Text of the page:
Tuesday, March 18, 2014

TEDActive 2014 – Day 1

As I have for each of the last six years, I have the privilege of once again spending the week at TEDActive. The 700 folks at this year’s TEDActive watch the same TED talks as the main gathering via satellite. From what I can gather, the environment at TEDActive tends to be more engaged and enthusiastic than at the main TED. The audience skews younger, despite my efforts to increase the average age by being here.

The ski slopes come right to the back of the hotel
Unlike last year, which was in sunny Palm Springs, CA, TEDActive is at the ski resort town of Whistler in Canada. The main TED is a couple hours away in Vancouver. It is beautiful here, though with the winter I’ve had home in North Carolina, the warmth of Palm Springs would be welcome.

I come to TEDActive primarily to force myself to think. The TED talks are usually thought provoking as are the attendees. I do my best to attend all of the talks. I also force myself to talk with people as that often turns out to be some of the best parts of the week.

Mark and I arrived late Sunday night (1:00am local time) after a long day of travel. I was rather sore from having run my first half marathon with about 4,000 people at the Tobacco Road Marathon & Half Marathon. Fortunately, the first day of TEDActive did not really get started until the afternoon. (Check out Mark's impressions of things on his blog.)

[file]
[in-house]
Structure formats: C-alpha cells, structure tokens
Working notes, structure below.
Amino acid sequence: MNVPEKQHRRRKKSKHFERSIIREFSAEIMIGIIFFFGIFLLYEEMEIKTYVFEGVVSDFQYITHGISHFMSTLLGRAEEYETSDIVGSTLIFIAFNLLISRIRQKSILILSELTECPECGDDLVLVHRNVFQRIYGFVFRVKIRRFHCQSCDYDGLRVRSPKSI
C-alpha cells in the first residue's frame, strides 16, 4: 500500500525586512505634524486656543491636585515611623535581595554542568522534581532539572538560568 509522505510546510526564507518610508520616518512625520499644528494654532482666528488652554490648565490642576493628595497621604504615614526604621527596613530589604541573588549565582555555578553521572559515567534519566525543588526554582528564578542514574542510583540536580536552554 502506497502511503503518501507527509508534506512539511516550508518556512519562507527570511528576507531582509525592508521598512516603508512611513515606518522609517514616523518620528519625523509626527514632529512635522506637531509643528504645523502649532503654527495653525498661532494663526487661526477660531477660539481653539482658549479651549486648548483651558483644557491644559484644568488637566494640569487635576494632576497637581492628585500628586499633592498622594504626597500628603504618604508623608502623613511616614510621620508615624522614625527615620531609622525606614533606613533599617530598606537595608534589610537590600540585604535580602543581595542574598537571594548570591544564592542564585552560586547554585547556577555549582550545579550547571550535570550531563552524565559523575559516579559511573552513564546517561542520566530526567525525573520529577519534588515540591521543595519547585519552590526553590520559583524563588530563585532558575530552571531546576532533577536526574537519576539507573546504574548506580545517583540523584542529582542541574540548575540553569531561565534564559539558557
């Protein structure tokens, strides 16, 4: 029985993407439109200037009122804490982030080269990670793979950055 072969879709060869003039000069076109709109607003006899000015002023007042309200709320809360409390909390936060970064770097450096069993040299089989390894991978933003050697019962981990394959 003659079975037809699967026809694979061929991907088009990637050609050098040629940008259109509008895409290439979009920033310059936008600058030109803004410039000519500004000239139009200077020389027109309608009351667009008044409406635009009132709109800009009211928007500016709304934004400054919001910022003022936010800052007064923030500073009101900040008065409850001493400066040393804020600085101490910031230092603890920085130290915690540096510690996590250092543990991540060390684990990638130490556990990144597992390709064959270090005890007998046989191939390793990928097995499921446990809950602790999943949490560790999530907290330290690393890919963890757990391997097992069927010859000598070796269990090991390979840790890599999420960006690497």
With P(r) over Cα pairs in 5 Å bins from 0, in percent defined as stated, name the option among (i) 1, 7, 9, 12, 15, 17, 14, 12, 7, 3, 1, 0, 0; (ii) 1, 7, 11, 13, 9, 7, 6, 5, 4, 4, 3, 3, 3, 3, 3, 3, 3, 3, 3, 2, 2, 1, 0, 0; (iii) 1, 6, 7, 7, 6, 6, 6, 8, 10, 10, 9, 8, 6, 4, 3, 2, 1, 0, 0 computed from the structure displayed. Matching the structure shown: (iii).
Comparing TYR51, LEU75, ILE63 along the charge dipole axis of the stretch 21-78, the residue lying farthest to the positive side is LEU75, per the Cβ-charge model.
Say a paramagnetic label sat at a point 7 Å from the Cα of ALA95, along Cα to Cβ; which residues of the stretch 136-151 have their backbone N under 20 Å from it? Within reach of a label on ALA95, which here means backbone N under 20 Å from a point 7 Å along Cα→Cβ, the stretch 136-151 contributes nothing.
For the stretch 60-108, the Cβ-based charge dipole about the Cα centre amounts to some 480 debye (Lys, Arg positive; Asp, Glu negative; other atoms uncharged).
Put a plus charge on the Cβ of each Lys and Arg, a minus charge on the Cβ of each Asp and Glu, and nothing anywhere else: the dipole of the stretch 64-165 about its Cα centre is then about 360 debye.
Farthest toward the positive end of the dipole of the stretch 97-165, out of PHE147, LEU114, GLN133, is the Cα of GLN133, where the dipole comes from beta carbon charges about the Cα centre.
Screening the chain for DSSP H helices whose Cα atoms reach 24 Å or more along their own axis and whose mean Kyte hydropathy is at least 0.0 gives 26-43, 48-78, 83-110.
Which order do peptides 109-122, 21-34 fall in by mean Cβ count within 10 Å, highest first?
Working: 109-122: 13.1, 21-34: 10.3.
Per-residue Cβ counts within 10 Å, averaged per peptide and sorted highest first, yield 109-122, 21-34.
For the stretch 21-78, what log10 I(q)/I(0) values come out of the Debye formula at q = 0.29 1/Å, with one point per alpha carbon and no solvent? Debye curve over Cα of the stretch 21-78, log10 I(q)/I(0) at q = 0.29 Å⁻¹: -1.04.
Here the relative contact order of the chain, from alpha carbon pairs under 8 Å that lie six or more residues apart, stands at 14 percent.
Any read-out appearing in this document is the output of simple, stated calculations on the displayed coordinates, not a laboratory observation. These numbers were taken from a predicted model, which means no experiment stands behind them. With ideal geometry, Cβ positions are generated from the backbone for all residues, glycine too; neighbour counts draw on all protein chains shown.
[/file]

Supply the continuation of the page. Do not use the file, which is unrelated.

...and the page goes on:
This year's somewhat disappointing goodie bag
Before the sessions began I registered and got to see what was in my goodie bag. In previous years, these have contained all manner of things including some great gadgets. This year’s bag was a bit of a disappointment. The only gadget of note was a set of Urbanears headphones. Given the snow, the Robin Hood wool cap may turn out to be useful. The rest of the items are mostly things that will require some investigation on the Web to figure out if they are worth pursuing.

The first set of sessions was a bit disappointing. The theme this year is The Next Chapter which is meant to look back at the first 30 years of TED and forward to the next 30. Nicholas Negroponte seemed like the perfect person to get things started as he spoke at the first TED and has made a career of looking into the future of technology. Unfortunately, his talk seemed to consist mostly of showing how he had correctly predicted the future over his career. 

Kelly and Rives hosting from the TEDActive stage
Other talks included a touching one by Malala’s father, Ziauddin Yousafzai, and some interesting musical observations and performances by Mark Ronson as well as some looks back by the host of TED, Chris Anderson. The best talk of the evening for me was by Chris Hadfield, a Canadian astronaut. He spoke amusingly and compellingly of his experiences in space. He also gave advice on facing your worst fears. The short form of the advice is that if you force yourself to walk into 100 spider webs, it will become routine, and ease your fear of spiders. Fortunately, I don't have a fear of spiders and don't have to do that! 

At the evening parties, I spoke with a number of interesting folks and forced myself to at least exchange greetings with the hosts of TEDActive, Kelly and Rives. All in all, it was a nice start. I’m looking forward to the next several days!

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